Sticky Rice (Khao Niao)
Lao people define themselves by their habit of eating sticky rice (khao niao), a grain that most other Southeast Asian cultures relegate to snacks or desserts. Every meal for the Lao is a sticky-rice meal, with this staple served at room temperature in a woven bamboo basket called a thip khao. The Lao eat sticky rice by balling some up in their right hand, using this wad to pick up accompanying meat or vegetable, and pop the lot in their mouths.
A typical Lao family meal includes thip khao full of khao niao, and most of the rest of the traditional Lao dishes listed below served at the same time. Buddhist devotees spend mornings waiting in a line to give monks their day's allowance of sticky rice, in a tradition called Tak Bat.
Laap essentially consists of chopped meat and innards—pork, water-buffalo beef, duck, or chicken will do—mixed with fish sauce, coriander, mint, chili, spring onion, and lime juice, along with dry-fried rice grains that impart a subtle nutty flavor, then cooked. Sticky rice and fresh vegetables accompany a hearty serving of laap, wherever you go in Laos.
The Lao hate wasting excess sticky rice, preferring to cook any surplus into dishes like nam khao. This crisp rice salad consists of sticky-rice balls, deep- fried and mixed with spring onions, peanuts, sliced shallots, peanuts, herbs, and slices of a fermented pork sausage called som moo.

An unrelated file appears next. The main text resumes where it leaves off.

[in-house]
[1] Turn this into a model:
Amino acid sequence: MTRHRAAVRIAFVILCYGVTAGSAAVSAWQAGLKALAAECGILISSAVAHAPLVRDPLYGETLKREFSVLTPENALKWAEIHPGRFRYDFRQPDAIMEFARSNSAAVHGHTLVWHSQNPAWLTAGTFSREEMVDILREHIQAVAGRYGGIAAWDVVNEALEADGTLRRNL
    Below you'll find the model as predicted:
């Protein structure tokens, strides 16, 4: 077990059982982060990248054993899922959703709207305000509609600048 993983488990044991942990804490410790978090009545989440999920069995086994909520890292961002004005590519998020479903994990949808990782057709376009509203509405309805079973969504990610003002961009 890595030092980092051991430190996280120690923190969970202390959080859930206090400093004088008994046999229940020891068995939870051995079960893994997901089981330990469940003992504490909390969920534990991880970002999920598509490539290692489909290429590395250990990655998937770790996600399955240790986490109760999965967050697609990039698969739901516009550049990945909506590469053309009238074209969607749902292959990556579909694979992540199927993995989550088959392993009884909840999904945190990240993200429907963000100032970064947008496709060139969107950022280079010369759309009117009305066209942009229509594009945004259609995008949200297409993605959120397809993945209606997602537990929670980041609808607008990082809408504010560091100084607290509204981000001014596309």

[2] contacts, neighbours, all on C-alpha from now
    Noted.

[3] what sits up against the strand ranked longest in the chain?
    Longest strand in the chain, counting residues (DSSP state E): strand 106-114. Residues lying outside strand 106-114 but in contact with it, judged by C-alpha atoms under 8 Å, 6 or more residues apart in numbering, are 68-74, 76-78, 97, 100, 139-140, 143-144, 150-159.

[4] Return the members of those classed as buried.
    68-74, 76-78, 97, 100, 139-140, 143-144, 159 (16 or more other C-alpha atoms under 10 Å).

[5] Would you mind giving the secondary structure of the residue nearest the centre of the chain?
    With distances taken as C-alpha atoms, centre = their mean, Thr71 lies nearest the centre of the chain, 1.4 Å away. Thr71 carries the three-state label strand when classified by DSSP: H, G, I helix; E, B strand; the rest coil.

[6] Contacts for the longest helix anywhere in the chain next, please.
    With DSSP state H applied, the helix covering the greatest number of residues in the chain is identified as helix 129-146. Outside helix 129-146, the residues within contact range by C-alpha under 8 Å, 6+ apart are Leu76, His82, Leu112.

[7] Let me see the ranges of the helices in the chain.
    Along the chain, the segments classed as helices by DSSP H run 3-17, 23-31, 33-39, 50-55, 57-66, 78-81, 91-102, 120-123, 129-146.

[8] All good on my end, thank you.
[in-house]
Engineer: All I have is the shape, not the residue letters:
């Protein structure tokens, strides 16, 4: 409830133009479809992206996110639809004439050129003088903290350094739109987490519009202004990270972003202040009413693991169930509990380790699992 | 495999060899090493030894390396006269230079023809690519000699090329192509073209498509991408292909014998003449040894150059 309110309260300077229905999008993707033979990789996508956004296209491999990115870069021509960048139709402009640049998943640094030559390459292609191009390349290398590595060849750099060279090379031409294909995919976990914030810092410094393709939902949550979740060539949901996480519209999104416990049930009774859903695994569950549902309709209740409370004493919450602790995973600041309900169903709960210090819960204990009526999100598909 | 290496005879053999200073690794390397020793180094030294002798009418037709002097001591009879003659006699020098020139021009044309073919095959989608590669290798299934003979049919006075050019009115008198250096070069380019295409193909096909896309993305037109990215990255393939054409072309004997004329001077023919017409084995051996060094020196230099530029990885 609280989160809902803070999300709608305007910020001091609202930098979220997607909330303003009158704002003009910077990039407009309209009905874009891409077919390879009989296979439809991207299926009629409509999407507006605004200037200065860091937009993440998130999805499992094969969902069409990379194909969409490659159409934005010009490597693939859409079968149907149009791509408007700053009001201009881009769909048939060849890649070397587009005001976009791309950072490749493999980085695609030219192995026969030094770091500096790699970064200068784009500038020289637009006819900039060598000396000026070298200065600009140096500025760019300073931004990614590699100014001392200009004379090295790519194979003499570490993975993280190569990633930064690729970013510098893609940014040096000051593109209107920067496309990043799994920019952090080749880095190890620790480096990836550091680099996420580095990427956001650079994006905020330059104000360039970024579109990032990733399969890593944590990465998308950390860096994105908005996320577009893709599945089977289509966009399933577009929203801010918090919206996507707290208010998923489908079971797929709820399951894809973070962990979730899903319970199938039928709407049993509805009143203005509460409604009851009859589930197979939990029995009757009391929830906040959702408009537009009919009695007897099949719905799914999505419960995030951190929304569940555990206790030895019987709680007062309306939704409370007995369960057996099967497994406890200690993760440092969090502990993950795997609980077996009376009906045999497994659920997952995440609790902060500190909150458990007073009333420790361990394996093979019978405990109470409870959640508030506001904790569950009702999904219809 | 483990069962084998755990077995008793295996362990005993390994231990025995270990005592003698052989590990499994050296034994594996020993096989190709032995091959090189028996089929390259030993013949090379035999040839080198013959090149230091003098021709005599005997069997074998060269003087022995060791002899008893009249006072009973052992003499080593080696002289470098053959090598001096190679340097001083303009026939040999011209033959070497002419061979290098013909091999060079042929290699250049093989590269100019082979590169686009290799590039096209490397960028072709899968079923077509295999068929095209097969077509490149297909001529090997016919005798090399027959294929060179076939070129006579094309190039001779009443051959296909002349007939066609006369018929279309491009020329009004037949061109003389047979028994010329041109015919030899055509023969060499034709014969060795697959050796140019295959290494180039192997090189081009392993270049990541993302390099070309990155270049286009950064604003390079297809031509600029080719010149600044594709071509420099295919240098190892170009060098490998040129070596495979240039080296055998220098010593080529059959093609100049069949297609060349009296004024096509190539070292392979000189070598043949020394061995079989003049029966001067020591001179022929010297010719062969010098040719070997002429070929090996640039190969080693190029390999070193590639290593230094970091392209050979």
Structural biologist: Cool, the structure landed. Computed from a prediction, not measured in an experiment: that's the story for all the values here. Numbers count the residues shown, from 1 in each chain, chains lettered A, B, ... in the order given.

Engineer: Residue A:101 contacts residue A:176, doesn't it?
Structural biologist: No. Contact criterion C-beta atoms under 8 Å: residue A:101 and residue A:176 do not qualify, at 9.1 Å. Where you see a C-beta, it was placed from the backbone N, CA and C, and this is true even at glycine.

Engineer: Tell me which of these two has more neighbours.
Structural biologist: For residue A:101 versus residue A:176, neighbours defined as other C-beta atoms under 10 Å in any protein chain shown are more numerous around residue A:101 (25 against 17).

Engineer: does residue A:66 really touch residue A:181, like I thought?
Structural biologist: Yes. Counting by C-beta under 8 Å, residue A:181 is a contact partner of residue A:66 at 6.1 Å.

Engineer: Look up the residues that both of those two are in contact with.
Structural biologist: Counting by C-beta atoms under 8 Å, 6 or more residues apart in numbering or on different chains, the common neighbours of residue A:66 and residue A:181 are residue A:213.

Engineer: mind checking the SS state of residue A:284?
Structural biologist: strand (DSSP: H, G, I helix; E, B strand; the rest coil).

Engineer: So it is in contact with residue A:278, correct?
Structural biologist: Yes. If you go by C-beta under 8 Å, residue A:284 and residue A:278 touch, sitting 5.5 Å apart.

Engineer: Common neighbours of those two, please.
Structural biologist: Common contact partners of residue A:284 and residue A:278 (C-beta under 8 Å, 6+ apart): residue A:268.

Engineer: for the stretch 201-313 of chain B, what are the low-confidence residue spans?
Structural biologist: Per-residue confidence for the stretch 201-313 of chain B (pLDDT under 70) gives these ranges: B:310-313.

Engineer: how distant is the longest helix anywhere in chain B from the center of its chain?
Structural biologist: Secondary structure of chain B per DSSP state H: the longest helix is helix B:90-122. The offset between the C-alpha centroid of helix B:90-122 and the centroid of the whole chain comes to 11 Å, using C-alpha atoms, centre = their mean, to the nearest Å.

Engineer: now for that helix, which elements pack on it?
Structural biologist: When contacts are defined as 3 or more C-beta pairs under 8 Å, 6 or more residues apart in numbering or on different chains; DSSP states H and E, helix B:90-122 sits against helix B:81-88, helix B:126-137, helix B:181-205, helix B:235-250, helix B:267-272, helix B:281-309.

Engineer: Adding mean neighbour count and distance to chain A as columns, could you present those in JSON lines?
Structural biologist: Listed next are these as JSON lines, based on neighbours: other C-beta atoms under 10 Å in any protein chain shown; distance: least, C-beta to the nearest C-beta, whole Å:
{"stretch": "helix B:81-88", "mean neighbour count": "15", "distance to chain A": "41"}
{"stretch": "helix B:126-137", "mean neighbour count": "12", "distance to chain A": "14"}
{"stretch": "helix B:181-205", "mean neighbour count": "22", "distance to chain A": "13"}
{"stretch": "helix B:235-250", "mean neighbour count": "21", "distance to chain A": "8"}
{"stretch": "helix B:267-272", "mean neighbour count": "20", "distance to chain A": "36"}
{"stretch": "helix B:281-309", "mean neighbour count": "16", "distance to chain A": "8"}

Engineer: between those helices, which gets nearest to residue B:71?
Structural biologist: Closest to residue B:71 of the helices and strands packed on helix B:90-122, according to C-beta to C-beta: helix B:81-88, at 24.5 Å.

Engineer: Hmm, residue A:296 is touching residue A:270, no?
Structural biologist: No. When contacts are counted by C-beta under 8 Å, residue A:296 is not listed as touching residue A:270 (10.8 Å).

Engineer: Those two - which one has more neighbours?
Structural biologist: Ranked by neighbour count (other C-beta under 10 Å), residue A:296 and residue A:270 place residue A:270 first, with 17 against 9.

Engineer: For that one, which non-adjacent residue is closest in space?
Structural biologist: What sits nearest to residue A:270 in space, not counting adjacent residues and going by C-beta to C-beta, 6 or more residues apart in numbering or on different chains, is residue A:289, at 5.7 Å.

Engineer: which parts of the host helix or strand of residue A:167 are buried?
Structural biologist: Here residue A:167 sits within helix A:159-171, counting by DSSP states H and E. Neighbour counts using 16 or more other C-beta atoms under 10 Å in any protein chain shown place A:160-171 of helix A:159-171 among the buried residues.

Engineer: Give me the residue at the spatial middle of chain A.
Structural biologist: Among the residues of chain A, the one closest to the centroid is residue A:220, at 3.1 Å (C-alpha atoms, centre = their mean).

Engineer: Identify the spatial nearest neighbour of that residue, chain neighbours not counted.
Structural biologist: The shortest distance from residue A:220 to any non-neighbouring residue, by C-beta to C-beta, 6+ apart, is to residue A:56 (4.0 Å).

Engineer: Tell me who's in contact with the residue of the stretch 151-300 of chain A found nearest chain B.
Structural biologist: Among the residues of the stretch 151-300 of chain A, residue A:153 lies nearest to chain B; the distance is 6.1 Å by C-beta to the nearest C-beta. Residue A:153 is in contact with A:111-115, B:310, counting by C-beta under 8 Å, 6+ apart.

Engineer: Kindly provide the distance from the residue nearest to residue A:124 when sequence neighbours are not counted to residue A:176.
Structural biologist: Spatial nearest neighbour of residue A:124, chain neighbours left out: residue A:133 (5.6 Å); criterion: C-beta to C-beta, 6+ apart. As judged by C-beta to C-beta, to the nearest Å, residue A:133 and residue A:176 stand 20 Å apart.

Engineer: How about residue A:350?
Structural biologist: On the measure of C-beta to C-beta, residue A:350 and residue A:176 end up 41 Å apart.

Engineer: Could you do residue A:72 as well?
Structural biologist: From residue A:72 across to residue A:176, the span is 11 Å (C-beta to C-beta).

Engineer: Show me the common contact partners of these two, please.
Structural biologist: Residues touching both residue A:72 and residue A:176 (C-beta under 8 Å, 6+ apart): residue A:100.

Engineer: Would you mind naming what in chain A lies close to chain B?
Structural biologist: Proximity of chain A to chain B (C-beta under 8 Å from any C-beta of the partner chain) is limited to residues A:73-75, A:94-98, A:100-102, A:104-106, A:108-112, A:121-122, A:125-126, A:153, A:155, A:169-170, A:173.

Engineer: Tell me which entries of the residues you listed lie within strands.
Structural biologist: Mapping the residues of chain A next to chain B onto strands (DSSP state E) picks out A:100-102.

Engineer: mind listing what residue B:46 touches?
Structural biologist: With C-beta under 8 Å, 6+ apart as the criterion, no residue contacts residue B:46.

Combined with sticky rice and tam mak houng, this grilled chicken dish completes a classic Lao dining trilogy, served everywhere from Vang Vieng to the Isan regions of northern Thailand. The chicken dish kai yang, also a regular on many Thai restaurants is identical to this Lao roast dish.
To make ping kai, Lao take a whole chicken, halve it, pound it flat, and marinate it in a combination of fish sauce, cilantro, turmeric, garlic, and white pepper before roasting over a low charcoal-fueled flame.
Khao Nom Krok
A serving of khao nom krok makes for a perfect end to your night-market shopping jaunt. As served in Luang Prabang, vendors make a batter of rice flour, sugar, and coconut milk, cook it in a cast-iron custom frying pan, then serve it hot.
The flat rice noodles give the dish its name; soi means “to cut”, and Lao noodle-makers often still cut noodles with scissors. The noodles garnished with tomatoes, chilies, fermented soybean, and ground pork before being drowned in rich, thick pork broth, are served along with fresh watercress leaves, mint, Thai basil, and lime.
The noodles are widely acknowledged to be Luang Prabang's official noodle soup, mostly due to the watercress which grows thickly around the former capital city.